You've got a great
product (or service). You've sent out fliers and brochures,
networked with your local Chamber of Commerce and secured
a great spot in the new Yellow Pages. No one's buying.
What's wrong? There are many reasons why customers may
not be flocking to your store (or web site). Here are
seven fundamental ones to consider.
In today's age of fast food and high-speed internet
connections, people want instant gratification. If your
sales process is not hassle-free, many customers will
a) Do you
offer multiple payment options?
b) If you have a website, is it easy to navigate?
Do the pages load quickly? Studies indicate web visitors
will move on if they don't find what they are looking
for in the first 20 seconds. Similarly, is your physical
storefront easy to find?
c) Do you provide adequate customer service? Can
your customers reach a sales representative when they
need one? Do you provide enough product information for
your customers to make intelligent decisions?
d) Are your hours convenient for your customer?
2. Customer Doesn't
Need or Want What You're Selling
may feel like he or she doesn't need or want your product.
Your job as a salesperson is to convince them otherwise.
Rather than focusing on a product's features, show your
customer the benefits - your product will save them time,
will save them money, will make their home more comfortable,
etc. Paint them a picture with words like "imagine"
and "wouldn't it be nice if..." Encourage them
to visualize the benefits: "How do you feel this
product would help you?"
3. Customer Doesn't
Understand What You're Selling
If your product
or service is relatively new, you may have to sell the
concept before you can sell the item. Take virtual assistant
services, for example. Two years ago, no one had ever
heard of a virtual assistant, much less knew what one
did. Through a number of trade organizations, though,
the word has gotten out and the public has been educated.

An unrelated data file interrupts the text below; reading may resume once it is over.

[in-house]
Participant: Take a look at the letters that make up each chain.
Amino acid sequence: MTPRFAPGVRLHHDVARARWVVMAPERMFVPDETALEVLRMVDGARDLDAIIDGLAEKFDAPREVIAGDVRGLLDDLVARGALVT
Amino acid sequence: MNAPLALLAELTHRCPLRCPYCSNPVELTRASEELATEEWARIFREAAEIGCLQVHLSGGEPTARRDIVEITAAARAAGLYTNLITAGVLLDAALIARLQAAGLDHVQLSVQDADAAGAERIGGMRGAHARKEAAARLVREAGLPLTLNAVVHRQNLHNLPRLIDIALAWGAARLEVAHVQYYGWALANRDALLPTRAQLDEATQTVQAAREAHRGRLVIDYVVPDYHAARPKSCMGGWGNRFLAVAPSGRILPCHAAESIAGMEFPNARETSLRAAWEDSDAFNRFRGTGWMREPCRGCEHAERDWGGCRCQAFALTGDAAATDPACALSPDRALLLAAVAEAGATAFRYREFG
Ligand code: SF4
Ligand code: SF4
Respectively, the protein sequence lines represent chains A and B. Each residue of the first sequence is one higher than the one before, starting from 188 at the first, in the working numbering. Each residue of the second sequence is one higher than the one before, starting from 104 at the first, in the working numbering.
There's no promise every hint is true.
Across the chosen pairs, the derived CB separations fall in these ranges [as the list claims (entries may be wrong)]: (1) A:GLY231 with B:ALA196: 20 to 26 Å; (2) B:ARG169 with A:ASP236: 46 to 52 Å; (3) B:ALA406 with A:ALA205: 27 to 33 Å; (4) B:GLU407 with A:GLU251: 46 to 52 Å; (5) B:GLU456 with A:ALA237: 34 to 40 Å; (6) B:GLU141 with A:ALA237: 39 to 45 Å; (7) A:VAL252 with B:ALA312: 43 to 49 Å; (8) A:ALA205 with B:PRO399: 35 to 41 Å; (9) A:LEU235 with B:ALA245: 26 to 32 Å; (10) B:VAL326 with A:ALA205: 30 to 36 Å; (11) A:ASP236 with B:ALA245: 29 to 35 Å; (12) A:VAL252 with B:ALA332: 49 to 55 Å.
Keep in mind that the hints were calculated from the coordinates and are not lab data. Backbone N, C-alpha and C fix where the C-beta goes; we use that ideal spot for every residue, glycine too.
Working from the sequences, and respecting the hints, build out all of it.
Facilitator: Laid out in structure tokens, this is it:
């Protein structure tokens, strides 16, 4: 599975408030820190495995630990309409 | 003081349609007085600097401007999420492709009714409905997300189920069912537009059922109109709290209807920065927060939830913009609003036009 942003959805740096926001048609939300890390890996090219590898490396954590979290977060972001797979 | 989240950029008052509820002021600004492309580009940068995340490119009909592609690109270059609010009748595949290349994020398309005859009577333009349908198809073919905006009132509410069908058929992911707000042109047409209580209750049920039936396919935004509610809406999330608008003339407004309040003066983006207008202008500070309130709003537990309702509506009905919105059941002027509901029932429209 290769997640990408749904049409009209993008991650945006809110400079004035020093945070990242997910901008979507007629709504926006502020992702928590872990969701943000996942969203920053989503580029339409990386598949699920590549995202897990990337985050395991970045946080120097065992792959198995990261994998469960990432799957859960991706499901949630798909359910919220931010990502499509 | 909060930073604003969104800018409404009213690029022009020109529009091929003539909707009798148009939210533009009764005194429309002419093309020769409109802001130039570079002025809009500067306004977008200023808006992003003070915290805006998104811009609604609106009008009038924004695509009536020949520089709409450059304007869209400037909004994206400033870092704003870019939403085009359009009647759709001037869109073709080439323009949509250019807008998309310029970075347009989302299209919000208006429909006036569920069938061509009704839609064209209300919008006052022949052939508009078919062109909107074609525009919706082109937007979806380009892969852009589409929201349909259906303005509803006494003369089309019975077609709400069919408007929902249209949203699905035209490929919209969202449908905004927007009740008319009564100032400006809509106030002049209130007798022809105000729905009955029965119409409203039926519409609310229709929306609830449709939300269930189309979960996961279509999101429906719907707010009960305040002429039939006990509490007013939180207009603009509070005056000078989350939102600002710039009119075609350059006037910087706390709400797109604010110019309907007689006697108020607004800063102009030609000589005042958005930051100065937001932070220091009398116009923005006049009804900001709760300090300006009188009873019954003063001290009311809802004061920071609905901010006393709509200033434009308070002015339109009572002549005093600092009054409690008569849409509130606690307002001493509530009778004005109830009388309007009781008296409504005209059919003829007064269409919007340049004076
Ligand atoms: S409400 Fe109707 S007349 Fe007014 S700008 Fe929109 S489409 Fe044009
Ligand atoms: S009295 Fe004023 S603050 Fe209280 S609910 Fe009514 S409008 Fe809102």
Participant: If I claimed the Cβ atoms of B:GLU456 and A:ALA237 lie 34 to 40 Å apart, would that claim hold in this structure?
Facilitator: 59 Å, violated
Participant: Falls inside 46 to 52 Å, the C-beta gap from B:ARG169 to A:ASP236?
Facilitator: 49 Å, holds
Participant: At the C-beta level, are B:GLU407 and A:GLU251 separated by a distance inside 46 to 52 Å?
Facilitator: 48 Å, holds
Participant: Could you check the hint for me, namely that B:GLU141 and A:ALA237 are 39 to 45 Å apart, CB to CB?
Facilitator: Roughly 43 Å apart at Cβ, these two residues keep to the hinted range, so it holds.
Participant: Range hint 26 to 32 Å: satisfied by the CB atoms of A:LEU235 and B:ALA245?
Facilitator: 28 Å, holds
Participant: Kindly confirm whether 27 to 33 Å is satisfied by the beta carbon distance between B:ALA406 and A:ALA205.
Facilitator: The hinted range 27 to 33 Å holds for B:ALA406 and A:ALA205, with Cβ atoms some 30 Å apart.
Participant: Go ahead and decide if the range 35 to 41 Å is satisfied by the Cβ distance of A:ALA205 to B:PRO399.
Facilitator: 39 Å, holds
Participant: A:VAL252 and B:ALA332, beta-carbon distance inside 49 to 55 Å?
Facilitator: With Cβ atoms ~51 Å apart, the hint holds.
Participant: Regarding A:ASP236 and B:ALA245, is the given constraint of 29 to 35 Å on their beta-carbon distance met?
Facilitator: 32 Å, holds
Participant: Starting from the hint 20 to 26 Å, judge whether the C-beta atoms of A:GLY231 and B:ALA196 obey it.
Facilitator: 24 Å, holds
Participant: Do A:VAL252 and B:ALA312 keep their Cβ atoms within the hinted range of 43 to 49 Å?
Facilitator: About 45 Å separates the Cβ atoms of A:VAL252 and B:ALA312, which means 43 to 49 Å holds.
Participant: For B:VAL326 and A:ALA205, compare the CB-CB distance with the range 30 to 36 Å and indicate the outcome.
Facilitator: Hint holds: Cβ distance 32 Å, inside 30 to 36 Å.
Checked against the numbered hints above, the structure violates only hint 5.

Now, virtual assistance is the 7th fastest growing industry
in America, according to a Mitsubishi Research Institute
study (Sep, 2000). People once had no idea that they could
find remote, independent contractors to assist them with
their businesses; now that they are aware of the benefits,
they are actively searching for virtual assistants.
4. Customer Doesn't
good customer relationship can, in many cases, overcome
some of these other selling obstacles. Do your customers
trust you? Do they feel they know you well enough to do
business with you? Consider these questions:
a) Do you follow through on promises (e.g., delivery
dates, technical support, warranties and returns)?
b) Are you viewed as an expert in your field? If
not, try writing articles for publication, or presenting
workshops. Join online discussion groups and offer advice
in your area of expertise.
c) If you have a web presence, does your site list
a physical address, or a P.O. box? (Physical addresses
generate more trust.)
d) Are you active (and therefore visible) in the
e) Are online purchases conducted over a secure
server? Is this evident to the customer?
g) Do you have a money-back guarantee?
5. Perceived Poor
comes to selling (as with most of life), perception is
reality. If a customer believes your product is inferior,
it might as well be. Turn that perception around! Demonstrate
your product so your customer can see it with his own
eyes. Provide samples that they can touch, hear, see.
6. Perceived Poor
Are your competitors "giving it away?" If
so, stress to your customers why they should pay for your
product. What are you offering that your competitor isn't?
Customer service? Warranties? Quality? Technical support?
7. Failing to
Ask For the Sale
assume that just because you've covered 1-6, that the
sale is yours. Remember to ask for it! Do your marketing
materials contain a clear call to action? Example: "Call
now to reserve yours!" or "Order today!"
No, following all
of these suggestions won't close every sale, but knowing
why some sales fall through may help you get a jump on
the competition. Good luck!
the Authour:Kelly Cullison is a Birmingham,
AL-based virtual assistant and the founder of Atlas
Virtual Services. Atlas provides a wide range of
administrative support for small businesses so entrepreneurs
can focus on the core functions of running their
businesses. Visit Atlas at http://www.atlasvs.com,
or email firstname.lastname@example.org.
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